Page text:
Fertilize Peppermint – Necessary Or Superfluous?

Last updated on October 23rd, 2023 at 09:00 pm

Like almost all herbs grown in the garden for their essential oils, you need to be very careful when fertilizing peppermint. Too much or the wrong fertilizer will prevent enough aromatic compounds from forming. It is better to provide nutritious soil before planting.

Pfefferminze düngen

Be careful when fertilizing peppermint


Peppermint needs a nutrient-rich soil, but the wrong fertilizer and the wrong time to fertilize will affect the quality of the leaves. They form much less aroma and develop an unpleasant aftertaste.

Fertilize Peppermint - Necessary Or Superfluous?

Prepare the soil well before sowing
If you provide good soil preparation before sowing or planting peppermint, you do not need to worry about fertilizing.

Loosen the soil well. Mix in some sand to very firm soil to make it lighter and prevent waterlogging. Work mature compost or mature manure underneath. This will provide the plant with enough for several years.

In the fall, you can place a light blanket of leaves or fir branches over the plant as winter protection and thus additionally increase the supply of nutrients.

Use only organic fertilizers
Since you use the leaves of peppermint in the kitchen, if necessary, use only organic fertilizers. Particularly suitable are:

  • Nettle liquid manure
  • Horn shavings
  • Horn meal
  • Well seasoned compost
  • Mature manure from the previous year


The best time to fertilize


For depleted soils, a light application of fertilizer is a good idea in the spring. Spread some mature compost around the plant and lightly work it under with a rake.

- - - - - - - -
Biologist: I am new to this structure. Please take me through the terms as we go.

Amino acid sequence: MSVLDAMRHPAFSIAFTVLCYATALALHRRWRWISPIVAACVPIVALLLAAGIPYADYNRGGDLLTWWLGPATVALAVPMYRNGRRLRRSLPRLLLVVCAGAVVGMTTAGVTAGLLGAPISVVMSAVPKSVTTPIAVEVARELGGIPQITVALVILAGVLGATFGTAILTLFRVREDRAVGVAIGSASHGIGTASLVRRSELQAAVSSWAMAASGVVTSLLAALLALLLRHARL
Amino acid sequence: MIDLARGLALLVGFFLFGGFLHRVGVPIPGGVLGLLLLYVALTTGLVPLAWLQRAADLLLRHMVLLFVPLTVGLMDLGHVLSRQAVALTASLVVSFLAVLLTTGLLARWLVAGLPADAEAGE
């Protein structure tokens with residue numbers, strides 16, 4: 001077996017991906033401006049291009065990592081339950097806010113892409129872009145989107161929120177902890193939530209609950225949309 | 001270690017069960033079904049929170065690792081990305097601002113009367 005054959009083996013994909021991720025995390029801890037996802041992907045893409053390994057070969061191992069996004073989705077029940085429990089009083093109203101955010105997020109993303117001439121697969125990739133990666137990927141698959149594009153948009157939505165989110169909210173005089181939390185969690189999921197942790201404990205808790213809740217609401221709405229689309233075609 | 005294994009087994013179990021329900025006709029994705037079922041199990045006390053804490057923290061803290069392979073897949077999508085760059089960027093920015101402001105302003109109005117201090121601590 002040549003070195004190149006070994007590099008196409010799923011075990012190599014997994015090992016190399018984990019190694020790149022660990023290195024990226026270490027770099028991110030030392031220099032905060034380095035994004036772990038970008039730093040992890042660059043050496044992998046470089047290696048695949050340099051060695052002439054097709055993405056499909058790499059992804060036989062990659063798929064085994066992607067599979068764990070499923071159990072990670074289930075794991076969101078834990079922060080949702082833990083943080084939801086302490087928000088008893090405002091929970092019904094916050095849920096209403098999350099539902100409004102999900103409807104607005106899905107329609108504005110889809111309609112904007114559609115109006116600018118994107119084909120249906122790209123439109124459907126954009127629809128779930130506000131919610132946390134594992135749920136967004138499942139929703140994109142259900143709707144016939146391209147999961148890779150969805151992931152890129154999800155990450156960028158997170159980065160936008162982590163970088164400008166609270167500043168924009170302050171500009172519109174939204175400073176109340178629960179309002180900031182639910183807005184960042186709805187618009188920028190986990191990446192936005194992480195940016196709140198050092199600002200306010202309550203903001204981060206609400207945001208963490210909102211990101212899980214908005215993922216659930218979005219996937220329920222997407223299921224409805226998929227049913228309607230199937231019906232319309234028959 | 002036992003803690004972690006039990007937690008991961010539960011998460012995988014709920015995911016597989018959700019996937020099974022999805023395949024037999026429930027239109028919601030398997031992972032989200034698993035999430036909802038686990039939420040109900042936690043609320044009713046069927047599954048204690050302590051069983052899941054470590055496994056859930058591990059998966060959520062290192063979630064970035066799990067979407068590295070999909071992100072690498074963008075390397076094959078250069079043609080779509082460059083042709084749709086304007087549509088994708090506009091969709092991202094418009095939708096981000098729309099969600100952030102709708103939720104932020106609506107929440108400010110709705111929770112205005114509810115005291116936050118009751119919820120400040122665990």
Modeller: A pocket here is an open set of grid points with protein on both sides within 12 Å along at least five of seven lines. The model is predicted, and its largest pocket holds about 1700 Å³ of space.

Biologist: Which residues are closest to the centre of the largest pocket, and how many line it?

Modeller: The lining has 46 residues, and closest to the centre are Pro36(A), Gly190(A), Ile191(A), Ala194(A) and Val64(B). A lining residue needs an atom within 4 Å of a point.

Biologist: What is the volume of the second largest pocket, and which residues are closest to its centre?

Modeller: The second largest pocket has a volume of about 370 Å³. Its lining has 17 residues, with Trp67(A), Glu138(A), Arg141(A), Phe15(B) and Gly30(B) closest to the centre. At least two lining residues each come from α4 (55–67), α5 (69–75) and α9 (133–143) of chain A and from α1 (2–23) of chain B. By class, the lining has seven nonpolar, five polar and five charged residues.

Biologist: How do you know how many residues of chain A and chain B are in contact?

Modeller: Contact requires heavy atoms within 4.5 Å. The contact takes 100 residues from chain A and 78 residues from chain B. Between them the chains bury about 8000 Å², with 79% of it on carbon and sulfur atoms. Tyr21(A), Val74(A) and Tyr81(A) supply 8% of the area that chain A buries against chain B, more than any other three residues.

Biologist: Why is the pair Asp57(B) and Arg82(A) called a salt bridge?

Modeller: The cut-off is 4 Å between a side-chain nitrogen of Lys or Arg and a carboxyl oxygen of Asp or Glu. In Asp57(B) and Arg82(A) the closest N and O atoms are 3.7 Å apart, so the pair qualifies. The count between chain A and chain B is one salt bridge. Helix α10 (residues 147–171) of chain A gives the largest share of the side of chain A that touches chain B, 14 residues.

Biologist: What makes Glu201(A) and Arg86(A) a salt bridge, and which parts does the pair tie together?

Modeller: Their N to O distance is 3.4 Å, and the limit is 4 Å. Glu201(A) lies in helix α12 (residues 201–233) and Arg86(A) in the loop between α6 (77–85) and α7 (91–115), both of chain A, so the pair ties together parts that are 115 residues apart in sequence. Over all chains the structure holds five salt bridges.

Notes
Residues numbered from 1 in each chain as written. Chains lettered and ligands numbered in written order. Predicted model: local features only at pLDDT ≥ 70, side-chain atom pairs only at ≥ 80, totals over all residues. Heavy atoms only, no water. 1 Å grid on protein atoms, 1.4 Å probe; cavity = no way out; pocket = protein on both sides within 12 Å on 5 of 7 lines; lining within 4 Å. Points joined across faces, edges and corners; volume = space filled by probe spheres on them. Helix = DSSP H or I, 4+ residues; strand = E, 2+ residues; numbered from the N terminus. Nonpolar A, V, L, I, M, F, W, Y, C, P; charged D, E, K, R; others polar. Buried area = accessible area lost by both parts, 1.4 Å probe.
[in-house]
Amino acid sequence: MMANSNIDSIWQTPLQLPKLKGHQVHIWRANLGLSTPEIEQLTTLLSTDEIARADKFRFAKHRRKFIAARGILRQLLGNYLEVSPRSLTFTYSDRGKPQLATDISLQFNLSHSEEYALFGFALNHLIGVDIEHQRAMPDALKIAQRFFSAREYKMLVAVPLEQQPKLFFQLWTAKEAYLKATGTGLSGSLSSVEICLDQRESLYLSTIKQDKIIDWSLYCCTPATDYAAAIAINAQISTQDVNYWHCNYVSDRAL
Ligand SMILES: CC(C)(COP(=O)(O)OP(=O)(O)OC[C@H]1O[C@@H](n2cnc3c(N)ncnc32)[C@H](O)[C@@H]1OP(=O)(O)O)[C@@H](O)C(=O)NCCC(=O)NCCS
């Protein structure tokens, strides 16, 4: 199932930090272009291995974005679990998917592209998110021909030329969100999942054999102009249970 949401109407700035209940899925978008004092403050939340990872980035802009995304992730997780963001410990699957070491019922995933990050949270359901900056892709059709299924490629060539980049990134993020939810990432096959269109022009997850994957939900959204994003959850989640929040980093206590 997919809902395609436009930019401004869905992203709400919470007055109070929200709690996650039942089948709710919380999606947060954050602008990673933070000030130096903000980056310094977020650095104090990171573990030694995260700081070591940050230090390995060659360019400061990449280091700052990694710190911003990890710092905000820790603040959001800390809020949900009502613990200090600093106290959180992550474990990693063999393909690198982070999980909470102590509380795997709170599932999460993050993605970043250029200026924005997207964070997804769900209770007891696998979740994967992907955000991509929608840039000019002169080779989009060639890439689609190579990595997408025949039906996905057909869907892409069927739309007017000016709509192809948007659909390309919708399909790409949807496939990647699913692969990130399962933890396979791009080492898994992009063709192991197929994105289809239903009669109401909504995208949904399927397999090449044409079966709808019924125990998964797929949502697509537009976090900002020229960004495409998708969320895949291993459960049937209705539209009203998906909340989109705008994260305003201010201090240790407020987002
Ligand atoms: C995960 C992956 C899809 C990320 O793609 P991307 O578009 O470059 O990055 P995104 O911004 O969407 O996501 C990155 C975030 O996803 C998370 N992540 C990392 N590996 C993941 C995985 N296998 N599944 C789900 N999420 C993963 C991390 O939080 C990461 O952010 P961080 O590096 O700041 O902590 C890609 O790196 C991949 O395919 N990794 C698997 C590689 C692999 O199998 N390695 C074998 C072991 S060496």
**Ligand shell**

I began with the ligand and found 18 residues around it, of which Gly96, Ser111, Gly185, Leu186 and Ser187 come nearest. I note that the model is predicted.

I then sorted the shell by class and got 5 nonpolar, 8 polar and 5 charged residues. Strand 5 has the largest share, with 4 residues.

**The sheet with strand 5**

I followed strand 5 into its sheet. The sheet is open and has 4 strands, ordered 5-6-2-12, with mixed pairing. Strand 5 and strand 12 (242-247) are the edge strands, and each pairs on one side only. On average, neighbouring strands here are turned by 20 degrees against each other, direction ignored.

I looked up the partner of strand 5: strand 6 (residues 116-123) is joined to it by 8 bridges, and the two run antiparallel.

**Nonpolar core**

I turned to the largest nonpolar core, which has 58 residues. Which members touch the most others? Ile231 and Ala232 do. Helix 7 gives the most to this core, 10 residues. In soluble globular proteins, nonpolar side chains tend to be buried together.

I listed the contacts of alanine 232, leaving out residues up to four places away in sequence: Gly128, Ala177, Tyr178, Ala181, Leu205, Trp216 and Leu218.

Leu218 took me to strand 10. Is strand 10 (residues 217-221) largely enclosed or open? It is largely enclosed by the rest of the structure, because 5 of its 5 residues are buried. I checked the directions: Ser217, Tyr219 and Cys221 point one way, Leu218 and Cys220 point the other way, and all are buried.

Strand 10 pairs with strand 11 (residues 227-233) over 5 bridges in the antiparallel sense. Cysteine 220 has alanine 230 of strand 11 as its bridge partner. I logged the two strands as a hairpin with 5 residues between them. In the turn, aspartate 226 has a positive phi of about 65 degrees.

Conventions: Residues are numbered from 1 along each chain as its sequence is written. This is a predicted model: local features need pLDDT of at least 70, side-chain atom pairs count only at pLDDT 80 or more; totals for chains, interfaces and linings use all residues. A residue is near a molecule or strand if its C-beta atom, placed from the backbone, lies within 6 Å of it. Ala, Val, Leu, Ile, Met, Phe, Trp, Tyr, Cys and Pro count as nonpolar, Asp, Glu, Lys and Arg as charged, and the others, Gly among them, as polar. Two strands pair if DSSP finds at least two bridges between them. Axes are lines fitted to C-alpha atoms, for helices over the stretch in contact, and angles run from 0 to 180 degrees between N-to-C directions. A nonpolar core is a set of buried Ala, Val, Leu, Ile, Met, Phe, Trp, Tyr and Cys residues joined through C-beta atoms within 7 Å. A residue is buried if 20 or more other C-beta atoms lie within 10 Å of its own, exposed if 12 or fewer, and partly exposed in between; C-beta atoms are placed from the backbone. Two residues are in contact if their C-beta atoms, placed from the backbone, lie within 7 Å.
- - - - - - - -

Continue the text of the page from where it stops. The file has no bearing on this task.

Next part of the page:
Follow-up fertilizing with nettle manure can be done during early summer and after flowering.

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Under no circumstances should you fertilize peppermint before winter. This makes the plant susceptible to diseases of the root system. In addition, then it may not survive very low temperatures.

Do not harvest peppermint immediately after fertilizing.
When fertilizing, keep in mind that you can’t harvest the peppermint right after. You should wait at least two weeks before picking the leaves.

Tips & Tricks
You will need to provide nutrients more frequently to peppermint in a pot. The soil in the pot is more quickly depleted. Simply replace some of the soil in the spring.

Author

  • James Jones

    Meet James Jones, a passionate gardening writer whose words bloom with the wisdom of an experienced horticulturist. With a deep-rooted love for all things green, James has dedicated his life to sharing the art and science of gardening with the world. James's words have found their way into countless publications, and his gardening insights have inspired a new generation of green thumbs. His commitment to sustainability and environmental stewardship shines through in every article he crafts.

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